Frank: There is a solution to the Homeless problem



By Stephen Frank,  California Political News and Views

We have a homeless problem due to government creating an “industry” of publicists, lobbyists, non profits and donors that love to save folks—by building bureaucracies, agencies and crying rather than solving.  If the courts allowed the police to take the drug addicts, alcoholics and mentally ill off the streets—putting them in treatment and job training center—we would not have a homeless problem.

The homeless problem is really a government problem—both politicians and judges are the cause.  No amount of money will solve the problem until these folks get out of the way.

Walk the streets of San Francisco, Los Angeles or Santa Ana and you are stepping over the homeless.  Thanks to a court order, the homeless are allowed to sleep and stay living on our streets.  In fact, under the law, they can use a street address of a building, claim it as their own and register to vote..  In San Fran and L.A. the streets have literally become toilets.  The smell, the disease—typhoid has been found in Los Angeles—is causing decent people to stay away.

How bad is the problem?

“Homelessness is the number one issue for California voters heading into the 2020 presidential primary in March, according to a new poll by the Public Policy Institute of California (PPIC), as reported by the  Sacramento Bee. More than 150,000 California residents are homeless, according to the latest counts.”, per Breitbart.

In reality, upwards of 90% of the homeless are mentally ill, drug or alcohol addicts or a combination.

Gov. Newsom spent a little over one billion dollars in 2019 on the issue.  The Legislative Analyst Office in Sacramento, a non partisan agency of government, audited the programs and could not find any successes or how most of the money was spent.  We know this was just a payoff to friends and donors, contracts given, but little or no oversite of the spending and results.

Los Angeles also spent one billion dollars.  The results?  Homelessness GREW by 16% in one year.  Obviously money is not the answer.

The first step to an answer is to determine who is on the streets and why.  We already know that approximately 90% are ill.   We also know that many of the homeless have been given tickets for infractions, drug use, disorderly conduct or other minor crimes.  In most cases they did not show up in court.  Under current court orders you can not force the homeless into treatment centers or get rehabilitation, job training or take vouchers for housing.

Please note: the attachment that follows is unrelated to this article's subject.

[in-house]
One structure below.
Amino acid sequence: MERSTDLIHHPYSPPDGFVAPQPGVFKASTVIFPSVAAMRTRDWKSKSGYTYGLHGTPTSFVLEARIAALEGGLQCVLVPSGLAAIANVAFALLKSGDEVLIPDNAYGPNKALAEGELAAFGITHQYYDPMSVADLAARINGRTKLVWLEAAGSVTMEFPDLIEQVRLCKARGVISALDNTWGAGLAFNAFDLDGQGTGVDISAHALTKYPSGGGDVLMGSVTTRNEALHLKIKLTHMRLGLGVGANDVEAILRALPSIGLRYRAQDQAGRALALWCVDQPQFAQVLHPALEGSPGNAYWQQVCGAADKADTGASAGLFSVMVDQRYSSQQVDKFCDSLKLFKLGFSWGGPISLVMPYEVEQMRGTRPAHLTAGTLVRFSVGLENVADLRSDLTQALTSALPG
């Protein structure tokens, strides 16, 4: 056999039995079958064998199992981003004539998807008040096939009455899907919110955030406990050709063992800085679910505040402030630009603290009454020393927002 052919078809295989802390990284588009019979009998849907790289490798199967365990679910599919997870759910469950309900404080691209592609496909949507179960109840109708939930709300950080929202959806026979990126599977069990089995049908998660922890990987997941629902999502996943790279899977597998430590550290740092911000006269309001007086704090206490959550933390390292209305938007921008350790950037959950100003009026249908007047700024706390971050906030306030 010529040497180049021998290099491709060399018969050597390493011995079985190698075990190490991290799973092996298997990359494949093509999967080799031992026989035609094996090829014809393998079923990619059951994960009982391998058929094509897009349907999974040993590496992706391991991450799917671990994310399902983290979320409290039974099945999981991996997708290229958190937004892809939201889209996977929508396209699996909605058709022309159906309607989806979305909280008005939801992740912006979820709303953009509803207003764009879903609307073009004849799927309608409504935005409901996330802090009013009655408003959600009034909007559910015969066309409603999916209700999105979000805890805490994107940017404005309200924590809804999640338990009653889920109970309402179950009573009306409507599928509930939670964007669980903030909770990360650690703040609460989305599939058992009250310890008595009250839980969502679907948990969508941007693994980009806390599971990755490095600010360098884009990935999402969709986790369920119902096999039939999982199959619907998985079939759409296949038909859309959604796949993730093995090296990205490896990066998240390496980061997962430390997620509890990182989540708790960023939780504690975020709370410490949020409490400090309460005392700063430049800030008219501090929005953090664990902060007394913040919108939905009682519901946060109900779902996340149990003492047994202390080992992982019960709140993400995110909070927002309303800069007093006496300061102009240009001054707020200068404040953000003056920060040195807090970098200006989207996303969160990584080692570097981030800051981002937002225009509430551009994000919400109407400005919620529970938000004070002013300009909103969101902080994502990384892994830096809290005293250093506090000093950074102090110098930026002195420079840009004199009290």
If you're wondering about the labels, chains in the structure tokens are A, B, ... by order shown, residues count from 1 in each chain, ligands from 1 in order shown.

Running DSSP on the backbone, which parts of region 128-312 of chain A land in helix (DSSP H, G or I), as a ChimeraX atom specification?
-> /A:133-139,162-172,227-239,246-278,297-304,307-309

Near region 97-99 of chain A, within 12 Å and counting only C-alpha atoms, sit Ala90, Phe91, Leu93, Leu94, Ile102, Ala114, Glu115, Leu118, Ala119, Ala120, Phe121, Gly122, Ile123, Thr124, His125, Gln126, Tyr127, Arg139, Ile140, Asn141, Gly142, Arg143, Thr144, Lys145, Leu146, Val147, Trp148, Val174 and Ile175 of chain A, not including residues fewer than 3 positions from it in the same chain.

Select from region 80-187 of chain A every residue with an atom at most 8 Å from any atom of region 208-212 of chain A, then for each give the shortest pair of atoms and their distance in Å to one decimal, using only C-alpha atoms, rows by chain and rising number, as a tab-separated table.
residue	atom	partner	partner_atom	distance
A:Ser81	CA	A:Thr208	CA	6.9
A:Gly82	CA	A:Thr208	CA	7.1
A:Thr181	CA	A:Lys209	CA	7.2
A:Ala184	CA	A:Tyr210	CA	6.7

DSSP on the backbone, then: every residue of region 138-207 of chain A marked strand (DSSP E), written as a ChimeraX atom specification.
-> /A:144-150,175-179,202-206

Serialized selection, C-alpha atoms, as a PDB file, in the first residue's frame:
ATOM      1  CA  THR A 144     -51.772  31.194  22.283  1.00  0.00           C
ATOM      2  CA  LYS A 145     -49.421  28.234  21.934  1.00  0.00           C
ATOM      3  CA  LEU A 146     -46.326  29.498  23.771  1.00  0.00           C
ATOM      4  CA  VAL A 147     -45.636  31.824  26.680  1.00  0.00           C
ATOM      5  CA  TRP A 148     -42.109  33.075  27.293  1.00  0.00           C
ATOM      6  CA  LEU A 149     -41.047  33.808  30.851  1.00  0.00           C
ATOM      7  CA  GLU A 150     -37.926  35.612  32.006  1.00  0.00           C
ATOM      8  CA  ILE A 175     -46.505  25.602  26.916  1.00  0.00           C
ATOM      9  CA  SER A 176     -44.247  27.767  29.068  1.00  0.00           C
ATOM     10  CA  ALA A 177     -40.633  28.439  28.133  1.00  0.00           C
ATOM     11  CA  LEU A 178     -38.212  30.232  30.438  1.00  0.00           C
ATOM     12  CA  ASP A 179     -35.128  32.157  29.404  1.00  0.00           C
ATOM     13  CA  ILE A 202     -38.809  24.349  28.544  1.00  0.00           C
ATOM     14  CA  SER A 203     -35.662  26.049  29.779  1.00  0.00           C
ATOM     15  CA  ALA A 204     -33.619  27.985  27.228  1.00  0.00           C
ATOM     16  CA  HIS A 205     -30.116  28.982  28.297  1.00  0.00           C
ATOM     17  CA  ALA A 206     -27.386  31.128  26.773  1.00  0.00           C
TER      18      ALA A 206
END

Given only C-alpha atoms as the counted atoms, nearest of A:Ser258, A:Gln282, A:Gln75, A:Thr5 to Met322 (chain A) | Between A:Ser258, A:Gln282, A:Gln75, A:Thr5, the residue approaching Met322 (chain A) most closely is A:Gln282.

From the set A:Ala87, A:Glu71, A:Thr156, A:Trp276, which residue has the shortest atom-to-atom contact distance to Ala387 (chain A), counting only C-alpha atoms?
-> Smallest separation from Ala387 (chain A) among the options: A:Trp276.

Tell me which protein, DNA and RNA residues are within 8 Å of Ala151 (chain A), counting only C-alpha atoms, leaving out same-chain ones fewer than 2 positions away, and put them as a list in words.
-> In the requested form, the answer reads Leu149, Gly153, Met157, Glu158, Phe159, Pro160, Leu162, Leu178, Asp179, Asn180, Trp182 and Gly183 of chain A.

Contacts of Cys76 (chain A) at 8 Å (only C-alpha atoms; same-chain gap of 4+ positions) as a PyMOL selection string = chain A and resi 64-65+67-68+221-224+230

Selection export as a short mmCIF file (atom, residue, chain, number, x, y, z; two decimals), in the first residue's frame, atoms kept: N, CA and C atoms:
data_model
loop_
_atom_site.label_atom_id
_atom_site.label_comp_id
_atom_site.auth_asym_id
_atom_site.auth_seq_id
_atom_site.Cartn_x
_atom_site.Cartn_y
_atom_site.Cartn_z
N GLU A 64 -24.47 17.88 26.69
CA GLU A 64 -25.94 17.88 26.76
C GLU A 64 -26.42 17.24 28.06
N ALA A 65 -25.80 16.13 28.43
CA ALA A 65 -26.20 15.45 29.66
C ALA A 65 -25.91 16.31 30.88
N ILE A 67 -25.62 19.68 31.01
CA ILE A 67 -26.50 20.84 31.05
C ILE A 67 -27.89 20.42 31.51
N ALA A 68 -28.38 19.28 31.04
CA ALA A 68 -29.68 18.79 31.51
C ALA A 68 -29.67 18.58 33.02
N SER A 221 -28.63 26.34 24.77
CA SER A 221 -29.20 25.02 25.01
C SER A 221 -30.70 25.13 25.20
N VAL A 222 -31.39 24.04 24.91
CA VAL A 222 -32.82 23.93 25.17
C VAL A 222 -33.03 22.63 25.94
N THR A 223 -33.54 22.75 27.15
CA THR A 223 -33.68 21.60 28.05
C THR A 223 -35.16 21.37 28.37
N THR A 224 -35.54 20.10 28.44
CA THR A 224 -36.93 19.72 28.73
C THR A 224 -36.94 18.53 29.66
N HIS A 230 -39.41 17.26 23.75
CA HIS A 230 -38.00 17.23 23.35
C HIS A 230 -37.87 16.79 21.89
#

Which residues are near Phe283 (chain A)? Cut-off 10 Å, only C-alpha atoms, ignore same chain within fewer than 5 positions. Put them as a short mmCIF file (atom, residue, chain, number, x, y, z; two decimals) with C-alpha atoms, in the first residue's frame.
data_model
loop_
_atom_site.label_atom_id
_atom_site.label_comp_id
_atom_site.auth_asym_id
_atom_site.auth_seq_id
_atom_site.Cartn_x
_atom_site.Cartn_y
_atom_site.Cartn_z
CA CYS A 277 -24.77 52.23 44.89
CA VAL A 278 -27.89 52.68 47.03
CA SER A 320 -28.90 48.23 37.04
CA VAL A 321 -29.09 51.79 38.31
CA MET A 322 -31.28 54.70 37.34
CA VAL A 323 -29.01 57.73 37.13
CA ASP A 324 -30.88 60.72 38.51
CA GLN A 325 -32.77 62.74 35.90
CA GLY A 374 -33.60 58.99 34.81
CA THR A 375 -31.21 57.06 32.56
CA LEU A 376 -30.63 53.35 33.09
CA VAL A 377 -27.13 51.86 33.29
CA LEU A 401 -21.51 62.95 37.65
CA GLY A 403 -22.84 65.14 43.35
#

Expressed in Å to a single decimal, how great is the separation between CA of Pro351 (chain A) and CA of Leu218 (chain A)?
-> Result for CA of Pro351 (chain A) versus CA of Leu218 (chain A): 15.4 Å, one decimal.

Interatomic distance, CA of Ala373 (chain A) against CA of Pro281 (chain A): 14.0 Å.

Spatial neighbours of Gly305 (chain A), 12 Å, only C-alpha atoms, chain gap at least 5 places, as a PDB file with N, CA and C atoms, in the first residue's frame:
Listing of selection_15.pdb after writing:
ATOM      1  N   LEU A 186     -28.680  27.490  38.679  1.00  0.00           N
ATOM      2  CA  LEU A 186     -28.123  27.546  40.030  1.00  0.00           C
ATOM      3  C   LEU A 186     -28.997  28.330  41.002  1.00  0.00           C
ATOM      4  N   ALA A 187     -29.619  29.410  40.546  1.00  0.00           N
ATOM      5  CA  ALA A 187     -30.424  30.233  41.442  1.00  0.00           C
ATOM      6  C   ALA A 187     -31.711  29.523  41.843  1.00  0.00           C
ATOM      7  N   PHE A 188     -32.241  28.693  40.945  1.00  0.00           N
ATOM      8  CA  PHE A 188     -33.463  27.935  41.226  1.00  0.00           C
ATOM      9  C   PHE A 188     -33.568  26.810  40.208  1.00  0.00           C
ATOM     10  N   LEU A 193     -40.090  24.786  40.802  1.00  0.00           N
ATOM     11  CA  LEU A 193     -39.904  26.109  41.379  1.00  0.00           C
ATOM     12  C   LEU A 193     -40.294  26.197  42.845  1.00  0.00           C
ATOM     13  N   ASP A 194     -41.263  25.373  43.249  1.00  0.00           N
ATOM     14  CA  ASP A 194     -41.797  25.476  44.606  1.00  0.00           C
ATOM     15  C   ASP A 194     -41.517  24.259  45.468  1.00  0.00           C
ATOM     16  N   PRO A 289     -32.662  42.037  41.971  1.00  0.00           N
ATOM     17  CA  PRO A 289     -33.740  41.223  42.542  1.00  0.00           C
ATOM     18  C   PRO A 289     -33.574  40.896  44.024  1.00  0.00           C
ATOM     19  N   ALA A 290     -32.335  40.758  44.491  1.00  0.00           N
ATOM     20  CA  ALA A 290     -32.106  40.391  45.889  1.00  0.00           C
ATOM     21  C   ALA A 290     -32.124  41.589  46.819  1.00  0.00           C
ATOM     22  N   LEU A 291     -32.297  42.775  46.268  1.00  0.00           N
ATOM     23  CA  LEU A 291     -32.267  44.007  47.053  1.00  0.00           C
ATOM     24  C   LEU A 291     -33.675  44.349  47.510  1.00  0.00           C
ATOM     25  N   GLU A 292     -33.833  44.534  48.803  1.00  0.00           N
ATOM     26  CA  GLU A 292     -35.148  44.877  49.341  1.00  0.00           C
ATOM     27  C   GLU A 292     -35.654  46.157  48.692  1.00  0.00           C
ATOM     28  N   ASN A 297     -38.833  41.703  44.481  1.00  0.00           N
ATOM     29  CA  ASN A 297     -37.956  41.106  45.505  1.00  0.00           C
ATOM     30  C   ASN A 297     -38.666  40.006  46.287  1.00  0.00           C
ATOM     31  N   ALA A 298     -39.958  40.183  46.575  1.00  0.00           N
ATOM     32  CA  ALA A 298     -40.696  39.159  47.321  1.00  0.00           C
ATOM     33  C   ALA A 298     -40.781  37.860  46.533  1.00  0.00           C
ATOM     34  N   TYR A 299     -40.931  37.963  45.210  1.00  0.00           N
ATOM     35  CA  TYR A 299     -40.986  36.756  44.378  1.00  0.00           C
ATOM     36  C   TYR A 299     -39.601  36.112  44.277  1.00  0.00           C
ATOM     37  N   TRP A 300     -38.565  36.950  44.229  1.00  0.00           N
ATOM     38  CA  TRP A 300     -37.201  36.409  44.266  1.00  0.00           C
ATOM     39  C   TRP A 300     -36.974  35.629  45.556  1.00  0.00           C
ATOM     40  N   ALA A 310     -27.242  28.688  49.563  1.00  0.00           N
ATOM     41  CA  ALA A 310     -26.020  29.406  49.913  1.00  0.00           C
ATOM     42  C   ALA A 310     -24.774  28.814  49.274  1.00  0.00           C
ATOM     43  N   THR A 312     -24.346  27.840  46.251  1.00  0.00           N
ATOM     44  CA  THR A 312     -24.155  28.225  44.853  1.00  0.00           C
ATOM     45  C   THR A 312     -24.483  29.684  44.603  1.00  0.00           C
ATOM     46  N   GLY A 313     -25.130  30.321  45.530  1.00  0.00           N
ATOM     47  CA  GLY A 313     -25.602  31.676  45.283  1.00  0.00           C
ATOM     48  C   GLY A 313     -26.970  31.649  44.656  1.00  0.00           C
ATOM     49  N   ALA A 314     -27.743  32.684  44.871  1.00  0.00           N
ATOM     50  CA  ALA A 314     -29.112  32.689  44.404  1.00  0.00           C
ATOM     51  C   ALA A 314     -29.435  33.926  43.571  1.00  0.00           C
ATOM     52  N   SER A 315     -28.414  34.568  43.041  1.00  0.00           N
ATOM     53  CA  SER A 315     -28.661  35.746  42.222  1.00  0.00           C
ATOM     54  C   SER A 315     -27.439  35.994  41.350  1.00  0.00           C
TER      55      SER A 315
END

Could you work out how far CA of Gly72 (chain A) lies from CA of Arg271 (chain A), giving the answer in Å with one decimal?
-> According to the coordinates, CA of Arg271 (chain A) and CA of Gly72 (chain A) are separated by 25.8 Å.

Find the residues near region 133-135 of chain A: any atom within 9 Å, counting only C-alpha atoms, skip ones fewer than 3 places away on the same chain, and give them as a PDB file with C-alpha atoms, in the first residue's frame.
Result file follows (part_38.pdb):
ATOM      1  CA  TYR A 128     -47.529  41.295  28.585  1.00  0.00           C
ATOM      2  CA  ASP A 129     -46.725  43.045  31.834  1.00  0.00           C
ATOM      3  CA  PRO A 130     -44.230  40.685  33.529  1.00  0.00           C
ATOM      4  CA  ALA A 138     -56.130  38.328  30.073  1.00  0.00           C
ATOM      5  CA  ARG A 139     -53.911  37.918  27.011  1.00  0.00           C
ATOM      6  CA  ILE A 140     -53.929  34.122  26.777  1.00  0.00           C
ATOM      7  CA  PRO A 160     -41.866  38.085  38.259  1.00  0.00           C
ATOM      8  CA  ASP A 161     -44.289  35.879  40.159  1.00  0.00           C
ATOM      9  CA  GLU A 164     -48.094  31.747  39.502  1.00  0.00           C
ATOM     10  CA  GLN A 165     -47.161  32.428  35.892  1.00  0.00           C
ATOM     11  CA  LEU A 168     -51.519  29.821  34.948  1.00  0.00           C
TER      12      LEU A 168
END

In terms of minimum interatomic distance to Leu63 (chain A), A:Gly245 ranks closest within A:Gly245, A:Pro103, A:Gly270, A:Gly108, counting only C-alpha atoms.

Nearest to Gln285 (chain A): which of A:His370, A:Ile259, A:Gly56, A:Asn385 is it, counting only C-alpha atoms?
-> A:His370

In Utah they have a novel idea.  Since many of the homeless have failed to show for hearings, the police can do a warrant check of each of the homeless, find those with outstanding warrants and arrest them.  Then the person has a choice—jail or treatment centers.  In this way the police stay within the court orders, but use the law to treat and save those on the streets.

The more you get off the street and help, the fewer on the street.  That allows for limited assets to be used for fewer people—helping more.

We know that most on the street need help.  Why not provide the needed mental health care or treatments for drug and/or alcohol addiction?  The better news is that in this economy, workers are needed, job training is available and jobs can be arranged.  This is a full range approach to the problem.

This also allows private social service agencies, religious organizations and community groups doing more to help, not the “homeless”, but the individual that is homeless.  Yes, 150,000 is a large number—but how many churches do we have, non profits involved in this crisis?  More than enough to make a significant dent in the sizeable number of homeless.

The Utah effort is cheap, quick and can be successful.  Imagine 50,000 homeless off the streets in a few months.  Then treatment and rehabilitation centers doing their jobs—followed by job training and jobs.  That is a real success.

Sadly, in California that probably will not happen.  Why?  Unions do not get new members, special interests making money in the homeless industry will lose grants.  Too many make money off the homeless—the more homeless, the more they make.  Newsom wants to spend $1.4 billion in his new budget after the first billion dollars had no results.

It does not take legislation from Sacramento.  It takes city by city making the commitment to get people off the streets.  This can be done by city councils—your city council.  That means citizens like yourself bring this approach to local government.  We can solve the homeless problem, not in Sacramento, but in your hometown.


The views and opinions expressed in this commentary are those of the author and do not necessarily reflect the official position of Citizens Journal.

Stephen Frank: Is the the publisher and editor of the California Political News and Views.  Mr. Frank speaks all over California and appears as a guest on several radio shows each week. He has also served as a guest host on radio talk shows and is a full time political consultant.

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Jeffrey Kilpatrick
Jeffrey Kilpatrick
1 year ago

Based on my limited research on this subject, I believe that most of the homeless people in the Ventura area are not from here, in fact, most are not from California.
Do you have any insight on this?

William Hicks
William Hicks
1 year ago

What caught me in this article is drug addict’s and mentally ill homeless people can chosen address and be able to vote.

Just what do you think the results will be from that?